3. Ansgar Belke & Thorsten Polleit, 2006. "Dividend Yields for Forecasting Stock Market Returns. An ARDL Cointegration Analysis for Germany," Ekonomia, Cyprus Economic Society and University of Cyprus, vol. 9(1), pages 86-116, Summer.
  4. Bahmani-Oskooee, Mohsen & Bohl, Martin T., 2000. "German monetary unification and the stability of the German M3 money demand function," Economics Letters, Elsevier, vol. 66(2), pages 203-208, February.
  5. Adalid, Ramón & Detken, Carsten, 2007. "Liquidity shocks and asset price boom/bust cycles," Working Paper Series 0732, European Central Bank.
  6. Pietro Catte & Nathalie Girouard & Robert W. R. Price & Christophe André, 2004. "Housing Markets, Wealth and the Business Cycle," OECD Economics Department Working Papers 394, OECD Publishing.
  7. Rudiger Ahrend & Boris Cournède & Robert W. R. Price, 2008. "Monetary Policy, Market Excesses and Financial Turmoil," OECD Economics Department Working Papers 597, OECD Publishing.
  8. Belke, Ansgar H. & Gros, Daniel, 2007. "Instability of the Eurozone? On Monetary Policy, House Prices and Labor Market Reforms," IZA Discussion Papers 2547, Institute for the Study of Labor (IZA).
  9. Ansgar Belke & Thorsten Polleit, 2005. "Monetary Policy and Dividend Growth in Germany: Long-Run Structural Modelling versus Bounds Testing Approach," Diskussionspapiere aus dem Institut für Volkswirtschaftslehre der Universität Hohenheim 250/2005, Department of Economics, University of Hohenheim, Germany.
  10. Bill Dupor & Timothy Conley, 2004. "The Fed Response to Equity Prices and Inflation," American Economic Review, American Economic Association, vol. 94(2), pages 24-28, May.
  11. Mohsen Bahmani-Oskooee & Raymond Chi Wing Ng, 2002. "Long-Run Demand for Money in Hong Kong: An Application of the ARDL Model," International Journal of Business and Economics, College of Business and College of Finance, Feng Chia University, Taichung, Taiwan, vol. 1(2), pages 147-155, August.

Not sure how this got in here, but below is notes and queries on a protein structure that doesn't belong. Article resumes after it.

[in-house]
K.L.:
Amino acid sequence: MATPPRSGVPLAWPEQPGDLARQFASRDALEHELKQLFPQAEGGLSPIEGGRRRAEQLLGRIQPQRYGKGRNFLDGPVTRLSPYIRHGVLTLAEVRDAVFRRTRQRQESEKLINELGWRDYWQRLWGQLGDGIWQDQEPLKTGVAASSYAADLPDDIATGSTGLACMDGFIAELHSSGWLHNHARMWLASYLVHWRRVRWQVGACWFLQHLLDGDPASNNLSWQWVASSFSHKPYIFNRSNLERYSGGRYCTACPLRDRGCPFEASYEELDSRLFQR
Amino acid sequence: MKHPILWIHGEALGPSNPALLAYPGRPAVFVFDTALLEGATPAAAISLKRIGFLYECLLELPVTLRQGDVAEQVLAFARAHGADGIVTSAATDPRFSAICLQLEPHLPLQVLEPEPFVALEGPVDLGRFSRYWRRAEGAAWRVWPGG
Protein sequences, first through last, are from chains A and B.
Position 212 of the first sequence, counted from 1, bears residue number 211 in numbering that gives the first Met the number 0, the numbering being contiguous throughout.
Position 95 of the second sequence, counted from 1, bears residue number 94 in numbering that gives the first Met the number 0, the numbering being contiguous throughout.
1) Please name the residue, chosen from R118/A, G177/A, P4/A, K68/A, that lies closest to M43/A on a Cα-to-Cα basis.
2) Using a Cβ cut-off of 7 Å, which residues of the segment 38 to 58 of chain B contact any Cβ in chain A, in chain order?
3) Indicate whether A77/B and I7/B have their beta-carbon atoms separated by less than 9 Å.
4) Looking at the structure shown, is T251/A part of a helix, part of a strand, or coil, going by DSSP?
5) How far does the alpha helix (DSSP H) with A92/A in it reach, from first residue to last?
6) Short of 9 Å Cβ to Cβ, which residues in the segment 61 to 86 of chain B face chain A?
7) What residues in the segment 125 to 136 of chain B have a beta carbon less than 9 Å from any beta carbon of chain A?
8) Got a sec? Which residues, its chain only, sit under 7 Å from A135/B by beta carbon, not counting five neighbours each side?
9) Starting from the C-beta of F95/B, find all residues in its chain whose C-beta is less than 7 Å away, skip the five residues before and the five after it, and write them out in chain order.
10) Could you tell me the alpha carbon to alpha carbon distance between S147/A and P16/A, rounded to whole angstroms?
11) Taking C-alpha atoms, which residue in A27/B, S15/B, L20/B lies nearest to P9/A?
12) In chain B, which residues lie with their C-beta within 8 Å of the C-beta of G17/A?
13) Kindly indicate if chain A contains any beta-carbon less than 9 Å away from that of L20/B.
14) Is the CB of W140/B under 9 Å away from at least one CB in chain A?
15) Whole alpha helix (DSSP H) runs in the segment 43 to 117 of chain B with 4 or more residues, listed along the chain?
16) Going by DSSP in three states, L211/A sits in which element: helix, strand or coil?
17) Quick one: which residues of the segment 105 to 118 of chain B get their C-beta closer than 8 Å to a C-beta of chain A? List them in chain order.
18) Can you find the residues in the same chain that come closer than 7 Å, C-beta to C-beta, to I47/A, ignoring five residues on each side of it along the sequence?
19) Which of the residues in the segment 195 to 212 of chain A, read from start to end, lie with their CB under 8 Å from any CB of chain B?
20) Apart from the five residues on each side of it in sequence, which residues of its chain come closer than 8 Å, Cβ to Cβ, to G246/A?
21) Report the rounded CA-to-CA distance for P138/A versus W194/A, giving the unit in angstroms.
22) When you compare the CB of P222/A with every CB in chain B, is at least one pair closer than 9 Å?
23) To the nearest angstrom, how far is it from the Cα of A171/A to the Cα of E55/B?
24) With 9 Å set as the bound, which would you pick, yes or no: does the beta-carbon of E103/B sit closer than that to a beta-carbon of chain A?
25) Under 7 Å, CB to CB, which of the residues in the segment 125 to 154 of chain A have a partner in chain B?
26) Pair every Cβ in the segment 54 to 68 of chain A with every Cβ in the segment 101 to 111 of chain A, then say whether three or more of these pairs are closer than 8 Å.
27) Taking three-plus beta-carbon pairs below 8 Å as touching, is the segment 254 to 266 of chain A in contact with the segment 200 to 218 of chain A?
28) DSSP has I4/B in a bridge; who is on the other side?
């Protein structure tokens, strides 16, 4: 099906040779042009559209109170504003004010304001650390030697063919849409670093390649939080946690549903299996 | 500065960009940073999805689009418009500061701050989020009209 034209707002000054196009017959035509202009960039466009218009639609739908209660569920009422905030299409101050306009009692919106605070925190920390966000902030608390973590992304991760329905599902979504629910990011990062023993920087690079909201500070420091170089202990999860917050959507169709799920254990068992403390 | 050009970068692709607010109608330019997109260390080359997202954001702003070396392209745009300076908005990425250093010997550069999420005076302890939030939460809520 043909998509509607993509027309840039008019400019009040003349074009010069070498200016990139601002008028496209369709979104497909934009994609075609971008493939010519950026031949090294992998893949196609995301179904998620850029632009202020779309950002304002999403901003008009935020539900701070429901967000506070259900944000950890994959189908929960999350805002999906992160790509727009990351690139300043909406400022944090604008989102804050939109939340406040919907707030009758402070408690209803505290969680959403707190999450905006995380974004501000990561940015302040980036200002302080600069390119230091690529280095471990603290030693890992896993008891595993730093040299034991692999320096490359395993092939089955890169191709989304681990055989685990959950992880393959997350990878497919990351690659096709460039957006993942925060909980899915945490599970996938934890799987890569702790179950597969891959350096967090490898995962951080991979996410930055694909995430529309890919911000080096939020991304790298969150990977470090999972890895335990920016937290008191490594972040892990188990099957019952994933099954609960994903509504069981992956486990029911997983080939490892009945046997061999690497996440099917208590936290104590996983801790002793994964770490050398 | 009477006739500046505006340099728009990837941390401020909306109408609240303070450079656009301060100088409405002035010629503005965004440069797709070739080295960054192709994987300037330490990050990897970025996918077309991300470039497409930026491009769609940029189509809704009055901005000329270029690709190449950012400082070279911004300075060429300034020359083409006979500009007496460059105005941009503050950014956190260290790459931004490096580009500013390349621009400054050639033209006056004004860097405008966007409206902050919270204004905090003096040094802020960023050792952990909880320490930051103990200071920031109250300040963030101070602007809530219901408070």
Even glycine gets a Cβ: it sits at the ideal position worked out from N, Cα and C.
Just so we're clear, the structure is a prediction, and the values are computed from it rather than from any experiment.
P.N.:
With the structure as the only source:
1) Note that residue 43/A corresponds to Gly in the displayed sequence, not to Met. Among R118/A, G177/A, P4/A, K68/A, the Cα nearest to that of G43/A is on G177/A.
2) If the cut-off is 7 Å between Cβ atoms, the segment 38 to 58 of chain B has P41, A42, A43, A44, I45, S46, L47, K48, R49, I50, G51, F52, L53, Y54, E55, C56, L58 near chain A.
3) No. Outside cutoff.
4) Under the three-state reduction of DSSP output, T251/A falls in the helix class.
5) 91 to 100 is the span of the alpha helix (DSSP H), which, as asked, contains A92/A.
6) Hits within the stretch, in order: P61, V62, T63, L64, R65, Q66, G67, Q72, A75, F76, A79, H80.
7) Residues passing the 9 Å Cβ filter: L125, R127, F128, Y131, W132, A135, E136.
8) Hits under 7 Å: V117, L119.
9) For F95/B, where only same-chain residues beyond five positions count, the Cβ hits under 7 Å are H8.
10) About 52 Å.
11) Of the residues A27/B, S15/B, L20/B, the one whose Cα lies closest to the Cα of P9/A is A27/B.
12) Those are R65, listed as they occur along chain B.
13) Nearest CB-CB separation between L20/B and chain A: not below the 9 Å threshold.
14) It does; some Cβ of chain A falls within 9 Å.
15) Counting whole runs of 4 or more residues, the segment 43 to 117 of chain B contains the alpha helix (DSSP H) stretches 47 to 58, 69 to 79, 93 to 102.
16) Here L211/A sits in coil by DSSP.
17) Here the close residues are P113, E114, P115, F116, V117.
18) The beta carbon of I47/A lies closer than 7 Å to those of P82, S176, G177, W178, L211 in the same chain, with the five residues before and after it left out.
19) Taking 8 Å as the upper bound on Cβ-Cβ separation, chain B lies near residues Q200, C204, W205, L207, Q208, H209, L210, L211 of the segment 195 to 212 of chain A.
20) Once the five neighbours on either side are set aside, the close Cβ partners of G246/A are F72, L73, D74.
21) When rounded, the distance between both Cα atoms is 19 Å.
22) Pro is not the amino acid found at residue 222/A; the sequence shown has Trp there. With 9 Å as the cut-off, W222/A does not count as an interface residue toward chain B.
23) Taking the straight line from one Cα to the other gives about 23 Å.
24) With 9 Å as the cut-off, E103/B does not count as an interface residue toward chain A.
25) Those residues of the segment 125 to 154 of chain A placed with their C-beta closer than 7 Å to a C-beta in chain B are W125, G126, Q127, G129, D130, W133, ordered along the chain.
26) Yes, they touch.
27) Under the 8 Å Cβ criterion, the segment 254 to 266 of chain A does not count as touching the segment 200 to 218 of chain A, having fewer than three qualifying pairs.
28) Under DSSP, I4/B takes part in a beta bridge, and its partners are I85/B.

12. Charles R. Bean, 2004. "Asset Prices, Financial Instability, and Monetary Policy," American Economic Review, American Economic Association, vol. 94(2), pages 14-18, May.
Full references (including those not matched with items on IDEAS)

This item is not listed on Wikipedia, on a reading list or among the top items on IDEAS.

When requesting a correction, please mention this item's handle: RePEc:jns:jbstat:v:230:y:2010:i:2:p:138-162. See general information about how to correct material in RePEc.

For technical questions regarding this item, or to correct its authors, title, abstract, bibliographic or download information, contact: (Peter Golla)

If you have authored this item and are not yet registered with RePEc, we encourage you to do it here. This allows to link your profile to this item. It also allows you to accept potential citations to this item that we are uncertain about.

If references are entirely missing, you can add them using this form.

If the full references list an item that is present in RePEc, but the system did not link to it, you can help with this form.

If you know of missing items citing this one, you can help us creating those links by adding the relevant references in the same way as above, for each refering item. If you are a registered author of this item, you may also want to check the "citations" tab in your profile, as there may be some citations waiting for confirmation.

Please note that corrections may take a couple of weeks to filter through the various RePEc services.

This information is provided to you by IDEAS at the Research Division of the Federal Reserve Bank of St. Louis using RePEc data.